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Amazon to Retrain a Third of Its U.S. Workforce

Amazon to Retrain a Third of Its U.S. Workforce

Read more on The Wall Street Journal

Featured contributions

  • Bravo Amazon for trying to do the smart and right thing to retrain workers. That said, I'm skeptical this will make any difference unless the classes they offer are as inventive as anything Amazon's ever done. It's hard to find any retraining programs that have ever actually worked at scale. This isn't

    Bravo Amazon for trying to do the smart and right thing to retrain workers. That said, I'm skeptical this will make any difference unless the classes they offer are as inventive as anything Amazon's ever done. It's hard to find any retraining programs that have ever actually worked at scale. This isn't like SAT prep where you take a class and you're good to go. They're "only" contributing about $1,400 per worker per year, which might be too little to solve a systemic problem that includes everything from basic numeracy skills to predicting how occupations evolve over time. To really make a dent, Amazon will need to apply all that Amazon-invention. There isn't an off-the-shelf answer. The classes as described in the press, while they sound fine, probably aren't gonna make enough of a difference at scale. The money (assuming it's all hard costs and not soft estimates for things like lost productivity during training hours) is good. Still, it's ~7 basis points of Amazon's annual budget for a third of their workforce -- and a problem that runs as deep as any Amazon's solved before. So I hope Amazon does something as inventive as AWS, as Amazon Air might be, as Fulfillment by Amazon, as Alexa, as Amazon as they can be -- Please do Amazon, to have a shot at making work work, we need every ounce of your legendary invention we can get!

  • This is a brilliant move on Amazon’s part. Not only does it help them recruit and retrain the best workers, they are leveraging fantastic PR that is likely to shield them from regulatory pressure from politicians who want to “protect jobs”.

More contributions

  • This is an amazing investment and will make an extraordinary change in the morale and focus of the non-technical workforce.

    It needs to catch on. I have always thought that certain jobs should never be careers but should be stepping stones into more fulfilling positions. This is one way to do that

    This is an amazing investment and will make an extraordinary change in the morale and focus of the non-technical workforce.

    It needs to catch on. I have always thought that certain jobs should never be careers but should be stepping stones into more fulfilling positions. This is one way to do that.

    Bravo to Amazon. Make it work.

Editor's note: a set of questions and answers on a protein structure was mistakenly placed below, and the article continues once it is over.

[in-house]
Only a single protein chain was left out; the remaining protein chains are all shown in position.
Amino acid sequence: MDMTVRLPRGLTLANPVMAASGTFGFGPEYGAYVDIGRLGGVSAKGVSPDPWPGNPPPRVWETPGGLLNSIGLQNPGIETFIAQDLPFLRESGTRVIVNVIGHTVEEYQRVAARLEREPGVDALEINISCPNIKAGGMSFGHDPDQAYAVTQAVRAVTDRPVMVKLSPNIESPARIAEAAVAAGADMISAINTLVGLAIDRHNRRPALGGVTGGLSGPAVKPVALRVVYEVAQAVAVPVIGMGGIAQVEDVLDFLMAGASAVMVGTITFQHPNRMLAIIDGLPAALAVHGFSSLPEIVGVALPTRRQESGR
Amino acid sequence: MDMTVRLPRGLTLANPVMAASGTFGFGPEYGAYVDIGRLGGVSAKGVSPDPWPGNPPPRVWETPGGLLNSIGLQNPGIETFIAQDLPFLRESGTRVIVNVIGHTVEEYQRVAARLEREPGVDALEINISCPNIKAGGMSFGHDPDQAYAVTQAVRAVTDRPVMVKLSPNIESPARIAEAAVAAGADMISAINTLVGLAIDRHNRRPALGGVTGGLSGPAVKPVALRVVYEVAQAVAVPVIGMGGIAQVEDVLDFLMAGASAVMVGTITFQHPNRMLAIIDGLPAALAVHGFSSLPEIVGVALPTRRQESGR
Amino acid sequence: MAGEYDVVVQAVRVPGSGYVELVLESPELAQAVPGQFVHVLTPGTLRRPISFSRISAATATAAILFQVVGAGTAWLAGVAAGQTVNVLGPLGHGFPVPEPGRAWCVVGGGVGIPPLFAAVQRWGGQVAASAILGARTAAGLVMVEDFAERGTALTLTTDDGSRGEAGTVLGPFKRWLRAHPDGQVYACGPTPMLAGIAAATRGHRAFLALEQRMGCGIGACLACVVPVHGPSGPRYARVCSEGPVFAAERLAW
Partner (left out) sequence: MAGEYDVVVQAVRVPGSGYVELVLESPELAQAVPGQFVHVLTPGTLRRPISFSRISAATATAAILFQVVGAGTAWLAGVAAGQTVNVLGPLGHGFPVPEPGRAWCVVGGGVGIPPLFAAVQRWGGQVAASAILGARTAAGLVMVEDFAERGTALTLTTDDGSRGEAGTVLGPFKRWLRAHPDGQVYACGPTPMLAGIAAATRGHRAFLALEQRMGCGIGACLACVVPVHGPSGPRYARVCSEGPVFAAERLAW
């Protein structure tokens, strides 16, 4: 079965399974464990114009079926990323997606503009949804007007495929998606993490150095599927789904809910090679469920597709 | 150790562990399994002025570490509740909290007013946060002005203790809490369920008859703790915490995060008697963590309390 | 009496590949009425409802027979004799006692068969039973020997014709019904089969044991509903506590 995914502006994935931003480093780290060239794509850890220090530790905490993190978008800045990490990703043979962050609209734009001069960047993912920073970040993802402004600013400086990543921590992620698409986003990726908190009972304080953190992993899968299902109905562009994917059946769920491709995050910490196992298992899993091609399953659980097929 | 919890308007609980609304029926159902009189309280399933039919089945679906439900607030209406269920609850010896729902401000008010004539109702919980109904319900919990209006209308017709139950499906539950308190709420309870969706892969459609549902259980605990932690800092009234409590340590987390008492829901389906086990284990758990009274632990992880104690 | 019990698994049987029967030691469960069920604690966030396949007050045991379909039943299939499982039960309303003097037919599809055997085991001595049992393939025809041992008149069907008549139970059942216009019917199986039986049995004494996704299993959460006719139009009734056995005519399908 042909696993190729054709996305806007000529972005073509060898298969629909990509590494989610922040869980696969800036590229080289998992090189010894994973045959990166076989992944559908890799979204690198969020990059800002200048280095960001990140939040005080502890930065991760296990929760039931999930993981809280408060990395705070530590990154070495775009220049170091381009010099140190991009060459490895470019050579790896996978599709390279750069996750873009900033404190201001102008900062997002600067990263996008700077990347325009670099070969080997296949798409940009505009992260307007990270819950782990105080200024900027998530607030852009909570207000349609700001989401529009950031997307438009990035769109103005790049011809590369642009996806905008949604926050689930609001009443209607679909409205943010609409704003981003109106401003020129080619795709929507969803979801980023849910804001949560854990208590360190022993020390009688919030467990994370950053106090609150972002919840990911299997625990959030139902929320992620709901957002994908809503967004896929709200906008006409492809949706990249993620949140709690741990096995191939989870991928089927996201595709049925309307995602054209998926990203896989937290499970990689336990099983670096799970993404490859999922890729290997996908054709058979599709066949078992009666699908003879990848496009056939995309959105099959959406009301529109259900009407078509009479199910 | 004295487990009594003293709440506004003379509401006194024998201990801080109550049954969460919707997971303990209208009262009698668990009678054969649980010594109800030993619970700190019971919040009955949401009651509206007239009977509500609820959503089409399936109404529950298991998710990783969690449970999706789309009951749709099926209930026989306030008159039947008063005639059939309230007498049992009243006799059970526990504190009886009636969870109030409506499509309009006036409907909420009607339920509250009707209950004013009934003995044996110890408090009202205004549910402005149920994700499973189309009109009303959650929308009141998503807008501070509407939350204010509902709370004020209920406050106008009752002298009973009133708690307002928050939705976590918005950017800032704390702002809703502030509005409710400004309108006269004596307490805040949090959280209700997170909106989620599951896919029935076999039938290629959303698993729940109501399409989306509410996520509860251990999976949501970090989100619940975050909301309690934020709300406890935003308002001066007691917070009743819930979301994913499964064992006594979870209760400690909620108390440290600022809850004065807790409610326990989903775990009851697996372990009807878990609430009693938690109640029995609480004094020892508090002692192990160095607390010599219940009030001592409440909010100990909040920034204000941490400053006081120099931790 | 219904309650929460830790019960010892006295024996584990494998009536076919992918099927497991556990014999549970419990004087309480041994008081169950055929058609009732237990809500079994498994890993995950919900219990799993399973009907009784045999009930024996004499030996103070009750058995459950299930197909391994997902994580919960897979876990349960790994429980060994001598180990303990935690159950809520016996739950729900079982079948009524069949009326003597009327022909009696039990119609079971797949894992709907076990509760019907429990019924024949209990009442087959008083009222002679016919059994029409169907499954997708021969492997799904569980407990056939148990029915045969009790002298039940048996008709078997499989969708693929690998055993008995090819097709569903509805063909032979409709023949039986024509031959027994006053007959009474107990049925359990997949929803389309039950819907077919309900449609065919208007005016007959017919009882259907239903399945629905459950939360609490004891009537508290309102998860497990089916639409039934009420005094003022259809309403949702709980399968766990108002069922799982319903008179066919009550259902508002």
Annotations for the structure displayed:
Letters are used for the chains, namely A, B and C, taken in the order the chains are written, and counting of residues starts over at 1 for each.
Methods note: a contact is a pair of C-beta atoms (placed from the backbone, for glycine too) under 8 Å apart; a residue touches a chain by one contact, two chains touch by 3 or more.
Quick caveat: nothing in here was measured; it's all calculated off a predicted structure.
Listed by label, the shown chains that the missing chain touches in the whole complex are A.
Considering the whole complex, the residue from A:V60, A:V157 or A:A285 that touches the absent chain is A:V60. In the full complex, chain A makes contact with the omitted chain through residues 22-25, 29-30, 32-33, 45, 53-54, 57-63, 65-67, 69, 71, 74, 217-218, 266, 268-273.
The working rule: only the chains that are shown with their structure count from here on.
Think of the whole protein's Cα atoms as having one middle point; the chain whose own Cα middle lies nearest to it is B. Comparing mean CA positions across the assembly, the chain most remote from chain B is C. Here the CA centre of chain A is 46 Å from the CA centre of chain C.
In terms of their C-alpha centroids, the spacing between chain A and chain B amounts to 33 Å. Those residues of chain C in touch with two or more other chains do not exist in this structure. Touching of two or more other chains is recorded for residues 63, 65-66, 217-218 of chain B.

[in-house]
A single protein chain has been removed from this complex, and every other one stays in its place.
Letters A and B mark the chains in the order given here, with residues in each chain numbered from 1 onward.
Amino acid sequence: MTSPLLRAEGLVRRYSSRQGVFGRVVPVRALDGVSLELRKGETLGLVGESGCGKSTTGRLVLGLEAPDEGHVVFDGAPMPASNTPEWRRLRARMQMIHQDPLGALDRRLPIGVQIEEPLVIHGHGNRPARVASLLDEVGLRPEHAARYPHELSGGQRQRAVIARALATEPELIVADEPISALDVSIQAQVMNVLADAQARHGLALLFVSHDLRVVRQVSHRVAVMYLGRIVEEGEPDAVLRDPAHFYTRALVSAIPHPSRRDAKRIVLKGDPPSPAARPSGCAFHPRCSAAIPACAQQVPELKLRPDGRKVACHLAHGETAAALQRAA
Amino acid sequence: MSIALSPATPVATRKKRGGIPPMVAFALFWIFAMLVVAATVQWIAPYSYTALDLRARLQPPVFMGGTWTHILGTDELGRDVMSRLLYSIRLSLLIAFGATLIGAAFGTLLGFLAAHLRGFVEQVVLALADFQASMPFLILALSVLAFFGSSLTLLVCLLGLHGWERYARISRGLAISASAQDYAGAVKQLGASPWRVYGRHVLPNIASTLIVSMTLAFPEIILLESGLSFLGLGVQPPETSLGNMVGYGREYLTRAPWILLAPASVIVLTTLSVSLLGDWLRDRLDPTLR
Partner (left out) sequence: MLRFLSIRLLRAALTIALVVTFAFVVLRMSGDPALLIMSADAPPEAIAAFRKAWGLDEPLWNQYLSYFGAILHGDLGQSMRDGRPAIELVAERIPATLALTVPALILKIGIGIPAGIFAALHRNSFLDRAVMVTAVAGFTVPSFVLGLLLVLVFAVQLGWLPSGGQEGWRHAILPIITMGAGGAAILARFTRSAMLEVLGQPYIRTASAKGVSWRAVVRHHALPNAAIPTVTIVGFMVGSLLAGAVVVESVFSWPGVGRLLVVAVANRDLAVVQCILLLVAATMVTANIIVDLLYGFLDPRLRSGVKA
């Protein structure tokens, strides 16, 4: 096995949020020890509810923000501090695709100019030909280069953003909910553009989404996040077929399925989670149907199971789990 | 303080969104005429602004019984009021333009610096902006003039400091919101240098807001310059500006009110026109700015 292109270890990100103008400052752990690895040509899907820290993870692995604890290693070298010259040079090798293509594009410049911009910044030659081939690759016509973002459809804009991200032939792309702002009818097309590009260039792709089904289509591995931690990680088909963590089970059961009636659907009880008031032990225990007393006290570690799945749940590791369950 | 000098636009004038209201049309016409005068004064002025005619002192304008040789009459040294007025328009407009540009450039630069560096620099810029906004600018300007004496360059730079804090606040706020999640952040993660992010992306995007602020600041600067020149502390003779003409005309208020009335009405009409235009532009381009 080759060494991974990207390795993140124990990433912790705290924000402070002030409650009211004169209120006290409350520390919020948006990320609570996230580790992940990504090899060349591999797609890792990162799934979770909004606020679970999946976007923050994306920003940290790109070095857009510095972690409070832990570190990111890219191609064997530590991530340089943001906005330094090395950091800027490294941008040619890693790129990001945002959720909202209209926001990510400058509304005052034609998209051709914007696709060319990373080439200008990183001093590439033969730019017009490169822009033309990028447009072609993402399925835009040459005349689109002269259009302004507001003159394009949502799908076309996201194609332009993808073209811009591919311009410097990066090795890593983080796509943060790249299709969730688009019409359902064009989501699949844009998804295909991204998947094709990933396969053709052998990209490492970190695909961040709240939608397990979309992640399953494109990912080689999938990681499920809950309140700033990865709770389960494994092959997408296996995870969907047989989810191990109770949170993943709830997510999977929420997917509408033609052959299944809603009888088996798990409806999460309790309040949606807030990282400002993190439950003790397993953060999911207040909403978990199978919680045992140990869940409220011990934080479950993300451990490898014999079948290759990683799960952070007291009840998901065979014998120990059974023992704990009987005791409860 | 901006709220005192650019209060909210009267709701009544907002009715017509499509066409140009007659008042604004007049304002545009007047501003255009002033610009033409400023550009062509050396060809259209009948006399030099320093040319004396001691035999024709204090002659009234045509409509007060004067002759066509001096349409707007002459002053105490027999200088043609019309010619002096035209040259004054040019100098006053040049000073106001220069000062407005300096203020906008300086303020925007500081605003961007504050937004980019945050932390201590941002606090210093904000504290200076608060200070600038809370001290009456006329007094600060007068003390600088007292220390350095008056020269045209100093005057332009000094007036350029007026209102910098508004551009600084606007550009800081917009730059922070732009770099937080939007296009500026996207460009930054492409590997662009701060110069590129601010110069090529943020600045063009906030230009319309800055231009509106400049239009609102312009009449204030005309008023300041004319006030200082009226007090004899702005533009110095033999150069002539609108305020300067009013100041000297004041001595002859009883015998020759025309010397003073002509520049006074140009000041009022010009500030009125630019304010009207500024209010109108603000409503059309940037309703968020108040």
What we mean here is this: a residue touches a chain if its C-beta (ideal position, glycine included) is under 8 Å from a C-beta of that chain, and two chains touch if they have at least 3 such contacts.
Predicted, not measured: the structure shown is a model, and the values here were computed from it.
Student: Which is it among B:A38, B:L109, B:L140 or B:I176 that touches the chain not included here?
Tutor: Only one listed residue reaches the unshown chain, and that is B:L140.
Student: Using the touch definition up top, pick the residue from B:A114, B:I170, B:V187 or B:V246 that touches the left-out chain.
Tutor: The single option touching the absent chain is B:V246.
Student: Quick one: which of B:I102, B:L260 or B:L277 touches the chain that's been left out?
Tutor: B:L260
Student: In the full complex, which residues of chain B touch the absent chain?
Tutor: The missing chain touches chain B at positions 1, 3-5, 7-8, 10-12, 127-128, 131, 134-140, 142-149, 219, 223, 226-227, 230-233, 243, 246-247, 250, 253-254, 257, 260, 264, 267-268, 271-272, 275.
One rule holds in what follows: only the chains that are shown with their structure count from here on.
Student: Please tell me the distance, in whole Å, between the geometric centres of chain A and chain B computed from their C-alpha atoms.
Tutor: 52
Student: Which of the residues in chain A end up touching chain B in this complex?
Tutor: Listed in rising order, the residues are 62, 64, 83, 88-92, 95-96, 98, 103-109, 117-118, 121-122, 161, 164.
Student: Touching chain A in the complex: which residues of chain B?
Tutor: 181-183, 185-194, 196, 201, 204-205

• Historically, the success rate of federal retraining programs is 0-15% so I would not get my hopes up.

    I personally think retraining programs as a real solution to automation and job loss is a bit of a delusion.

    Automation is coming for millions of jobs. People find that so hard to accept because

    Historically, the success rate of federal retraining programs is 0-15% so I would not get my hopes up.

    I personally think retraining programs as a real solution to automation and job loss is a bit of a delusion.

    Automation is coming for millions of jobs. People find that so hard to accept because if they cannot accept the fact that many people's labor will no longer have market value and they would no longer have income. Andrew Yang has a solution #YangGang

  • $700M budget spent to retrain its employees! What a brilliant strategy to cut cost and retain employees.

  • We are already living in a era where many employees ( or individuals) have two or more technical skills . With the fruitful crossover between arts and science these days, Its clear that what is coming ahead of us is a world were, as Rod Judkins wrote: "designers are interested in genetics and geneticist designing life".

  • Training inbound new recruits has always been a costly endeavor, companies never realize how much it takes and costs to train people, much less to indoctrinate them to a company's corporate Kool-Aid. While it may seem like a large upfront investment, in the long run this is positive for Amazon at multiple levels.

  • Reskilling is going to be all the more important, as automation marches forward, and Amazon’s commitment should pave the way. I also wonder how long before related businesses start specifically recruiting for “Amazon-retrained” employees.

  • This probably could be a future trend for those giants to retrain their employees for new skills. Interesting!

  • This is necessary and positive. At some point however Amazon is going to have to deal with wage suitability issues.

  • Interesting they are stepping up although they can’t put the genie back In the bottle